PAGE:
Titanfall preview: meching a difference
by Andrew Yoon, shacknews.com, Jun 12, 2013 6:30AM PDT
On paper, Titanfall doesn't sound particularly innovative or exciting. It's a sci-fi multiplayer first-person shooter from the creators of Call of Duty. What isn't these days? But Respawn Entertainment's debut game manages to be much more than the sum of its parts. It compels not through bombastic set pieces and easily marketable bullet-point features. Instead, it's thrilling simply because the mechanics are so thoughtfully crafted.
Nearly every aspect of the game feels like it's been designed for fun. Equipped with a jet pack, it's surprisingly entertaining to simply run through the environment. You can wall-run, jump up to ledges, and scale heights rather easily. This ability adds a nice verticality to combat, without becoming too centered around aerial combat, a la Tribes.
Being nimble makes ground combat incredibly effective, even when facing the titular "Titans," large armored suits that can be summoned at whim. Regardless of your loadout, you'll be able to cloak at any time (so long as the ability isn't cooling down), letting you sneak around the environment for stealth kills--or more crucially, to get behind a Titan. You'll also be able to jump on top of those mechs. Jump onto a friendly one, and you'll be able to use the height advantage to reach even higher parts of the map. Jump onto an enemy ship, and you'll attempt to take it down, Shadow of the Colossus style.
The gunplay is also satisfying, with an assortment of weapons that are fun to use. My favorite? A pistol that can lock onto targets within a short range. Essentially, by having your cursor over someone for a few seconds, you'll be able to trigger an automatic headshot. While it may sound overpowered, it isn't exactly the easiest to use--a rapidly moving target can easily disrupt the locking process. Instead, it's best used stealthily against unaware opponents. Other, more powerful weapons are also effective at fighting the Titans.
There are numerous ways to take down the Titans because, when properly used, are a force to be reckoned with. Respawn's takes more of an "armor" approach to mechs than the typical hulking robots that the genre is known for. Stepping into a Titan feels more like jumping into body armor than a lumbering piece of metal. They're quite agile, although sluggish enough that doing combat with them feels impactful. Here, you can unleash a barrage of weaponry on soldiers and other Titans. You can even telepathically capture bullets and missiles and throw them back at enemies. You definitely feel empowered when riding one of these.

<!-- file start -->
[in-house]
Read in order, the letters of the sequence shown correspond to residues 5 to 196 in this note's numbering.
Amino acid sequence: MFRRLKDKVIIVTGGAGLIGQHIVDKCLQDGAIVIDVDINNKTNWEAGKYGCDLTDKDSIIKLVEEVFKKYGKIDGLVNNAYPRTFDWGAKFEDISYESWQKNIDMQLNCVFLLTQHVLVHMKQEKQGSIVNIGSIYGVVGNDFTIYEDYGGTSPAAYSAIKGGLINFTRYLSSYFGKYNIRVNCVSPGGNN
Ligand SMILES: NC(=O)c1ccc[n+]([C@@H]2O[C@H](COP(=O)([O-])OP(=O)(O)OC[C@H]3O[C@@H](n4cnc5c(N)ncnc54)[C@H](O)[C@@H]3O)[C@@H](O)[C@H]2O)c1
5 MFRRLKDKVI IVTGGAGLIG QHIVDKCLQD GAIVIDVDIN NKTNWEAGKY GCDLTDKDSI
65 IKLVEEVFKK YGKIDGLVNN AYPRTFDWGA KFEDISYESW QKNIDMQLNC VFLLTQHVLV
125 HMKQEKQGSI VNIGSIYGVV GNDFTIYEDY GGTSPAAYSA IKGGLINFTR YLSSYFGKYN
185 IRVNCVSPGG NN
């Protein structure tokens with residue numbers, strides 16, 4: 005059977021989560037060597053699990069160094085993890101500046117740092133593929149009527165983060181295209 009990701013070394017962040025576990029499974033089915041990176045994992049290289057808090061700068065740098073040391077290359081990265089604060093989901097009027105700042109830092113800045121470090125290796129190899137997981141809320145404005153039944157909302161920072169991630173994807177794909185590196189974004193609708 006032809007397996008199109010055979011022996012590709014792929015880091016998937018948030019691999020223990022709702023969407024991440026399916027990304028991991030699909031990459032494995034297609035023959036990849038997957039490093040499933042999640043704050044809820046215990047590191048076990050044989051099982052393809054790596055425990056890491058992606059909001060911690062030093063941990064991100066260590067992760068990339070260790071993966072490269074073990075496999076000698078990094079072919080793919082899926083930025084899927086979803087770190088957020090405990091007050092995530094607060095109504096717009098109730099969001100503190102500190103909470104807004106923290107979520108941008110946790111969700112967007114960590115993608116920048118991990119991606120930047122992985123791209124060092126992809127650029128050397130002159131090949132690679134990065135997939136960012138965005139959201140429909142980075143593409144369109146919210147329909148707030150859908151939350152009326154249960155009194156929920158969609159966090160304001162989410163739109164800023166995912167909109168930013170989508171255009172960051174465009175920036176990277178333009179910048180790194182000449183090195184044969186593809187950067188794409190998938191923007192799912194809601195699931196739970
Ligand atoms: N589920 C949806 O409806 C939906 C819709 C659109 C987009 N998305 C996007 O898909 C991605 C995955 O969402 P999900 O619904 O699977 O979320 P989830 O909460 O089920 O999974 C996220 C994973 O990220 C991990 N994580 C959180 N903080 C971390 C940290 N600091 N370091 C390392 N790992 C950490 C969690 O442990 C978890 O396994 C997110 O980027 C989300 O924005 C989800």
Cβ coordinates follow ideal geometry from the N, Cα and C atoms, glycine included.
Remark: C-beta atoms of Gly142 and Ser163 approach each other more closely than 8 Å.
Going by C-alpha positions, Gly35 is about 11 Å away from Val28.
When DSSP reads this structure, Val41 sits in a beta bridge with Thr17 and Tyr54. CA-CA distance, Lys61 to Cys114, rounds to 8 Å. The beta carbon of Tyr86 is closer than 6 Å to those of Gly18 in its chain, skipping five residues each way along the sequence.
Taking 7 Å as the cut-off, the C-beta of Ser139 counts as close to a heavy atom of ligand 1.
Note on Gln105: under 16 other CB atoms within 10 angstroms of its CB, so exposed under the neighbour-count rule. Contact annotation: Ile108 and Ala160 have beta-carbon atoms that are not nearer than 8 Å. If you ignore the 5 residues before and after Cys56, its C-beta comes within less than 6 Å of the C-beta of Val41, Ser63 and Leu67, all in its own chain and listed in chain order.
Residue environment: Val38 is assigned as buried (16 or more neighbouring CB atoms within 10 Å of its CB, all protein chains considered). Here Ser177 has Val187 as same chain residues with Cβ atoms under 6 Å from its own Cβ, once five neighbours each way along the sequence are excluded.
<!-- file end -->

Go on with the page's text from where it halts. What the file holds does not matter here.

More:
Smartly, Titans are easily accessible. Assuming there's one available, they can be called upon almost any time by pressing up on the D-Pad. One will drop from the sky a la Starhawk, and you'll be able to "embark" in one immediately. With ground troops being so nimble and Titans so readily accessible, battles become rather frenetic, with players being able to move from one point of the map to another quickly. The balancing between soldiers and Titans encourages interesting and fair skirmishes where no one thing seems overpowered.
When Titans take sufficient enough damage, they are "doomed." You can continue trying to push your Titan to its very limit, or you can eject, launching high into the sky. Ejecting is quite thrilling, and can be used as a great way to reach the highest points of a map. It also makes you quite vulnerable: more than once I saw players shooting down a recently-ejected pilot mid-air.
This mech-on-man combat is enhanced by truly polished presentation. With a cinematic introduction that begins every match, and constant HUD chatter by NPCs, Titanfall looks, sounds, and feels like a carefully-crafted single-player campaign. But it's not. There's actually no single-player component at all. Instead, Respawn has created a multiplayer experience that has all of the cinematic trappings of a campaign, but the emergent gameplay of online competition.
Even the conclusion to matches are cinematic, rewarding affairs. At the end of a match, the winning team must be evac'd out. A countdown appears and a point on the map is marked. Players must not only find a way to the LZ before time runs out, but must also survive the onslaught from the other team trying to kill them. Being killed or left behind won't mean you lose, but you'll miss the significant point multiplier that accompanies a successful extraction.
I find myself often cynical about shooters given the industry's oversaturation of the genre. But Titanfall proves that you don't need amazing graphics or gimmicky new "features" to innovate. Above all, a game simply needs to be fun.